Part of why I've been so absent from the internet lately and its taking so long to get my space yarns listed on etsy, is because of this-
I managed to find an affordable last minute fare to visit my Grandma and see her quilt show- "Shirley M. Gerardy, Master Quilter"! She has been quilting for around 75 years, and has made over 200 quilts. Many of them have been pieced by hand, and nearly all have been hand quilted.
Technically, she is a master- every stitch is perfect and even, every corner is matched exactly.
More importantly, she is an artist. I realized that at this show more than I ever have before- seeing 60 quilts all hung at the same time truly showed me the breadth of her abilities! Without any formal artistic training, she can take dozens of different prints in different colors, and make them into a cohesive visual whole. She chooses designs to stitch when quilting that enhance the patterns in the pieced top, rather than simply stitching to keep the batting in place. She has embraced new innovations in fabric, and trends in quilting- she hasn't liked them all, but she's always been willing (and eager) to try new things and innovate.
The rooms used for the show were large enough to hang bed sized quilts without feeling cramped, and the natural light was perfect for viewing. Somewhere around 70 people came to see the show. It was the perfect tribute to a woman who is adored by many- our cheerleader, teacher, guide, and inspiration.
I never realized before just how much my grandmother has been an artistic influence on me. I owe my design aesthetic to her! Everything I embrace- texture, construction, and innovation, I can trace back to learning from her point of view, usually subconsciously. The subtle sense of humor that is present in all my favorite design work, was present first in many of her quilts.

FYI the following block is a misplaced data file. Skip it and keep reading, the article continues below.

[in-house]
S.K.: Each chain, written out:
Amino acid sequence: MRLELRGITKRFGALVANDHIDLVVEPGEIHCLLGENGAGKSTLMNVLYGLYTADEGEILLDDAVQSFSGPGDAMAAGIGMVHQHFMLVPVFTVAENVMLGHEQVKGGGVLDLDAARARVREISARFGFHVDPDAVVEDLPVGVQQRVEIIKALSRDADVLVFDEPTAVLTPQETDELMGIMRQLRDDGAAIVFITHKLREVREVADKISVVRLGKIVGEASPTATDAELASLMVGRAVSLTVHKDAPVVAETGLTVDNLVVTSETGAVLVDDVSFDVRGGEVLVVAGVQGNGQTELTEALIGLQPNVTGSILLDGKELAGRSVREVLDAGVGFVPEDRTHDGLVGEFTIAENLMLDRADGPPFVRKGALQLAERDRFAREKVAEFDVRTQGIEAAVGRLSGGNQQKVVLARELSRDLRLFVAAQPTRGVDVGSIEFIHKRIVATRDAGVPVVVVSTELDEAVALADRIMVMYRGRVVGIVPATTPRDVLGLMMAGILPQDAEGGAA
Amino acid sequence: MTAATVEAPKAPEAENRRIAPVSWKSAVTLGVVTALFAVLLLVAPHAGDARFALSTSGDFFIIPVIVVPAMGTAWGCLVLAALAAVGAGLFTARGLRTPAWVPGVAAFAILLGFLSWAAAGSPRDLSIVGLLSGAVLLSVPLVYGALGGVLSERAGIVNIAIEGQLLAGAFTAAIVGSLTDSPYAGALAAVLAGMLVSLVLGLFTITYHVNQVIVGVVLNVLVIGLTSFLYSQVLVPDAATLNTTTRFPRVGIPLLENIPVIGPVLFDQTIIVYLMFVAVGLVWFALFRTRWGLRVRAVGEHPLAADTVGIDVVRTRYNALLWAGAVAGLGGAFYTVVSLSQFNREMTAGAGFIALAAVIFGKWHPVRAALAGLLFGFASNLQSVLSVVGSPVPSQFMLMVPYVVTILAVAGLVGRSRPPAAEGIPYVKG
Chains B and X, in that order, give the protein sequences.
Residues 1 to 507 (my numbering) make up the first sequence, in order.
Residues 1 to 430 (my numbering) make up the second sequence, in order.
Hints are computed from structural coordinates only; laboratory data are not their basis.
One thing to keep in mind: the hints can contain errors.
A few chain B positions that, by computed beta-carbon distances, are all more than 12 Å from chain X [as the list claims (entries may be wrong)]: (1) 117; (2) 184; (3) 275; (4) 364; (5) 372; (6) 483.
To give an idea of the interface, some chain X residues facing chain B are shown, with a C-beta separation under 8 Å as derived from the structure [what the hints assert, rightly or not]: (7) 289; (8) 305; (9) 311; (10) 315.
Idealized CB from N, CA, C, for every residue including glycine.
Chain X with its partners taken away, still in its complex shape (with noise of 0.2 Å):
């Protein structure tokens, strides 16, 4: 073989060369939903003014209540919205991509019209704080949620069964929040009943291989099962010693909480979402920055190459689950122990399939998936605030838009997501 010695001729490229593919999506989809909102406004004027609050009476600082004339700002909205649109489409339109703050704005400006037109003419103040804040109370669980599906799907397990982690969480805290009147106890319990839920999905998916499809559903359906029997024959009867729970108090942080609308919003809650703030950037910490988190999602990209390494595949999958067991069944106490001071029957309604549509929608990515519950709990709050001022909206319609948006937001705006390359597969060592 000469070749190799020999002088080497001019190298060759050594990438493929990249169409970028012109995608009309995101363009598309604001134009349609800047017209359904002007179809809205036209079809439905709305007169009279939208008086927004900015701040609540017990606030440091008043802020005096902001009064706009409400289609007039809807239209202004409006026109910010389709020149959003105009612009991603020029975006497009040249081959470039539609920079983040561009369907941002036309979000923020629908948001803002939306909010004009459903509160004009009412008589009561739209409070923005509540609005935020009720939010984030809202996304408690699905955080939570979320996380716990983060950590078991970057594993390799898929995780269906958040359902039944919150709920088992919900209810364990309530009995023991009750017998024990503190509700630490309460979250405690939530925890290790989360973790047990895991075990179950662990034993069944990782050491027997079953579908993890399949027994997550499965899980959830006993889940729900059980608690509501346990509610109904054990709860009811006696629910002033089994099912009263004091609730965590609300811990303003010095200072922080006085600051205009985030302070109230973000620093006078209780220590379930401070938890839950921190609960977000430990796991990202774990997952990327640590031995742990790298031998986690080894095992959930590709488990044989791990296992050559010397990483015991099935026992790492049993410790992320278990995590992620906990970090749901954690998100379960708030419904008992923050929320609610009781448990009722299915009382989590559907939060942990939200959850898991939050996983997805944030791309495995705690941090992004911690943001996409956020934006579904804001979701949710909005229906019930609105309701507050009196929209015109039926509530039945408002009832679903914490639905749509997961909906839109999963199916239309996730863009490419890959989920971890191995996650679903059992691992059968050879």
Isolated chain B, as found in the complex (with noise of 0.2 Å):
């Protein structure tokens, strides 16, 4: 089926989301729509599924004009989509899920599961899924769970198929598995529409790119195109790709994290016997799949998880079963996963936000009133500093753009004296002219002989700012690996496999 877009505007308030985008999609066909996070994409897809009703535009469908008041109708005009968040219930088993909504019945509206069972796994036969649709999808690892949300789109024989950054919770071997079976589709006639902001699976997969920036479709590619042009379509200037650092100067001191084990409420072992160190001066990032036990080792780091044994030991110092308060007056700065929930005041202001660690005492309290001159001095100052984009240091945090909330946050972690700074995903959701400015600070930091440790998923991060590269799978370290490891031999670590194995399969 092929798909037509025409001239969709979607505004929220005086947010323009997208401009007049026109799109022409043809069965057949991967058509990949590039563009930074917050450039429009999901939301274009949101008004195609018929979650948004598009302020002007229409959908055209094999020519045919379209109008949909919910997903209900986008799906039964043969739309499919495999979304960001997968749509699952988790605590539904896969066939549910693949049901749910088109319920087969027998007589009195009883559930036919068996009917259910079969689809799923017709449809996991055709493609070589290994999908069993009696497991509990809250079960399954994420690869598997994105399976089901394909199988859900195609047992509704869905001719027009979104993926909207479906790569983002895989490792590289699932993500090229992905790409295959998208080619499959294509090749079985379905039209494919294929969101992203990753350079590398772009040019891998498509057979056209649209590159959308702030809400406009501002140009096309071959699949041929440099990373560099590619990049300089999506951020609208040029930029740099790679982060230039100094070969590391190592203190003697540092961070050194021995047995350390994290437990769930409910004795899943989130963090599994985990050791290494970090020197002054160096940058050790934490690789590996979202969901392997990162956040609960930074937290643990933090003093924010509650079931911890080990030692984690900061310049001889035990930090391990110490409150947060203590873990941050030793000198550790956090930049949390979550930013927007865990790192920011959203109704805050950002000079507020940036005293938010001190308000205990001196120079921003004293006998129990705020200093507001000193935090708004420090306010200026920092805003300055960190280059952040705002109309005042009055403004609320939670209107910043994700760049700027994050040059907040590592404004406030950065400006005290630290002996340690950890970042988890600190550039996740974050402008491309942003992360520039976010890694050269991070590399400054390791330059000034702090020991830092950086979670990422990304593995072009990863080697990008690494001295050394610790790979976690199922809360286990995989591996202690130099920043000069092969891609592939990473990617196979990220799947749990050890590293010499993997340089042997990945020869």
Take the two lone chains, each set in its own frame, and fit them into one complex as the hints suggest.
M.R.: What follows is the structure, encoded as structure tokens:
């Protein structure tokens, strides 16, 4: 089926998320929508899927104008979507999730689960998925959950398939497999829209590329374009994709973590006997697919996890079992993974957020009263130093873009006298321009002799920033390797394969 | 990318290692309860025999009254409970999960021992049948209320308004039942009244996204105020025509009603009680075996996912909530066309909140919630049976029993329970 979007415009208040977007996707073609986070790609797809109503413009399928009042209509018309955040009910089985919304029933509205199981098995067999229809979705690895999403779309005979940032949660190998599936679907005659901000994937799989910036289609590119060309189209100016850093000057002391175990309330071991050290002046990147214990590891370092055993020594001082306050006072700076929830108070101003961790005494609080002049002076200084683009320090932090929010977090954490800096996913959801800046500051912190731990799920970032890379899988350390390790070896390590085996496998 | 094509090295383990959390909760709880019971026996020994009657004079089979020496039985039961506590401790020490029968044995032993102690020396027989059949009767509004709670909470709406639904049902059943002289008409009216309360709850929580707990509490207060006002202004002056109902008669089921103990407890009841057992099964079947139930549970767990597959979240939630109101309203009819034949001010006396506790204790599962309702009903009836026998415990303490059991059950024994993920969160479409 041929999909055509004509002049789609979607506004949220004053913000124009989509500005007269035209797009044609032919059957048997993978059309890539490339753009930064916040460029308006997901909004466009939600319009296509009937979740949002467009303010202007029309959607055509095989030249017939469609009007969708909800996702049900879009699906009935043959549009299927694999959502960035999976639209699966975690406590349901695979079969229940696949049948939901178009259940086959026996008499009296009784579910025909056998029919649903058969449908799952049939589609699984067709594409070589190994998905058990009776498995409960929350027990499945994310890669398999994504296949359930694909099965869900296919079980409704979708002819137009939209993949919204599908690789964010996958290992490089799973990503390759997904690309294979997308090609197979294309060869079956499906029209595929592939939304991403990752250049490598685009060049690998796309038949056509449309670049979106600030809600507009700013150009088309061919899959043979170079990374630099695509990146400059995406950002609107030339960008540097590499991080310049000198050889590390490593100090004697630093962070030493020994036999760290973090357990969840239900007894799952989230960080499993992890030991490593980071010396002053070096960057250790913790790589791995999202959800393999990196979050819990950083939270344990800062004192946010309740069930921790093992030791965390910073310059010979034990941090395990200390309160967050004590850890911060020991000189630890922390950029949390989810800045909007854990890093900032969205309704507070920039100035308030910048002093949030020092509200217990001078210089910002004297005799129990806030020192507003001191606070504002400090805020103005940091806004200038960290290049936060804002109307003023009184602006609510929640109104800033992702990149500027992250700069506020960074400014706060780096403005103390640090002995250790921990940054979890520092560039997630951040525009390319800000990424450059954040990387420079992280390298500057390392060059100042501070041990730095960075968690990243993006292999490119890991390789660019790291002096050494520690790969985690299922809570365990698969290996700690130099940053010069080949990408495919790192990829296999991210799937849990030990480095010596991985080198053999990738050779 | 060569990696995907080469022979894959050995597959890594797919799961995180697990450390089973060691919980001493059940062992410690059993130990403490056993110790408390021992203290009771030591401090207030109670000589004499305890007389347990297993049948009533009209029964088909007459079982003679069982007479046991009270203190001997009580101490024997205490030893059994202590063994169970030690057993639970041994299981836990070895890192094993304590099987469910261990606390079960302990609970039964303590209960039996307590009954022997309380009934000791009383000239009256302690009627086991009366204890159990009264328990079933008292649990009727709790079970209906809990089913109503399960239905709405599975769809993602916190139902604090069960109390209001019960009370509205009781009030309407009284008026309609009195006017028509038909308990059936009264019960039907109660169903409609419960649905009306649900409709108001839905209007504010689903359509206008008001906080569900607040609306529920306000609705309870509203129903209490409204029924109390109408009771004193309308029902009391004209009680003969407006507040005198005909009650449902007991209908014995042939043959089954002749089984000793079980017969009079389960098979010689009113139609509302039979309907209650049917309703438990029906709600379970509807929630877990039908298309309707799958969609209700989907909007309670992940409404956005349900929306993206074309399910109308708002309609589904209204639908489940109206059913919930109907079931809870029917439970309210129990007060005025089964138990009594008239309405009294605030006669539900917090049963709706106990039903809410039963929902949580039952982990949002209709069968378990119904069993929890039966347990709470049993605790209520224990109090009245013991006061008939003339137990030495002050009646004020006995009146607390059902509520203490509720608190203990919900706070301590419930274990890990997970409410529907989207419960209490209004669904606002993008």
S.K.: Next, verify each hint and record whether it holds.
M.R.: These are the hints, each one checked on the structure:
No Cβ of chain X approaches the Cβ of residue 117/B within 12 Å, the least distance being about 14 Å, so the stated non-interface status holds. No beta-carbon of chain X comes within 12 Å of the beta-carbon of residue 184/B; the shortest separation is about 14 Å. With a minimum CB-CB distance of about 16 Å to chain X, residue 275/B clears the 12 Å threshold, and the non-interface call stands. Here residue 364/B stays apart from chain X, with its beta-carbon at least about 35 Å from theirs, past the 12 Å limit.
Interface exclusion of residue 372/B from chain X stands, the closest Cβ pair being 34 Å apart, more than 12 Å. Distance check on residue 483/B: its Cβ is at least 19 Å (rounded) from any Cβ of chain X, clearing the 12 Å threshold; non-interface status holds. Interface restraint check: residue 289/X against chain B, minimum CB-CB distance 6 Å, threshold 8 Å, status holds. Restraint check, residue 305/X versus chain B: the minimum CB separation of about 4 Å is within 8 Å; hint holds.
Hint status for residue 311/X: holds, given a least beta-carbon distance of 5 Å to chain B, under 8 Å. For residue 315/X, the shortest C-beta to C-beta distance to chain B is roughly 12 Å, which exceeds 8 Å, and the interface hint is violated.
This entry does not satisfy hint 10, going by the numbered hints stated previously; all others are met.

Her details are exquisite- cows, horses, and vegetables hidden in the "fields" in her quilt depicting America- with its purple mountain majesties. In a quilt made from my childhood clothes, she included my overalls in a way that you can still hook and unhook the shoulder buttons! In "Star of Sweden", she "fixed" an abandoned quilt top found at a garage sale- the blocks had been set square, with a pepto-bismol pink fabric between all the blocks- it was hideous! She turned the blocks on point, put a blue fabric between them, and saved just a tiny bit of that pink fabric for a stripe around the edge- in that small dose, the pink unites all the disparate colors in the blocks. The detail in the story told in her Colorado State Fair quilt is incredible!
The wall hanging with photos is a perfect example of how she embraces innovation- unfortunately old iron on printer inks weren't very lightfast, so the photos have faded badly, but she made this quilt to encourage me after a skiing injury to come back and compete and win- and she used scanners, computers, printable iron on transfer paper-in 1998, when that was new technology and she was 80 years old! Note the detail- she stitched ski tracks into the hill behind me! I encourage you to enlarge each of these photos and soak up the small details and the overall impact of a few of my grandma's beautiful quilts.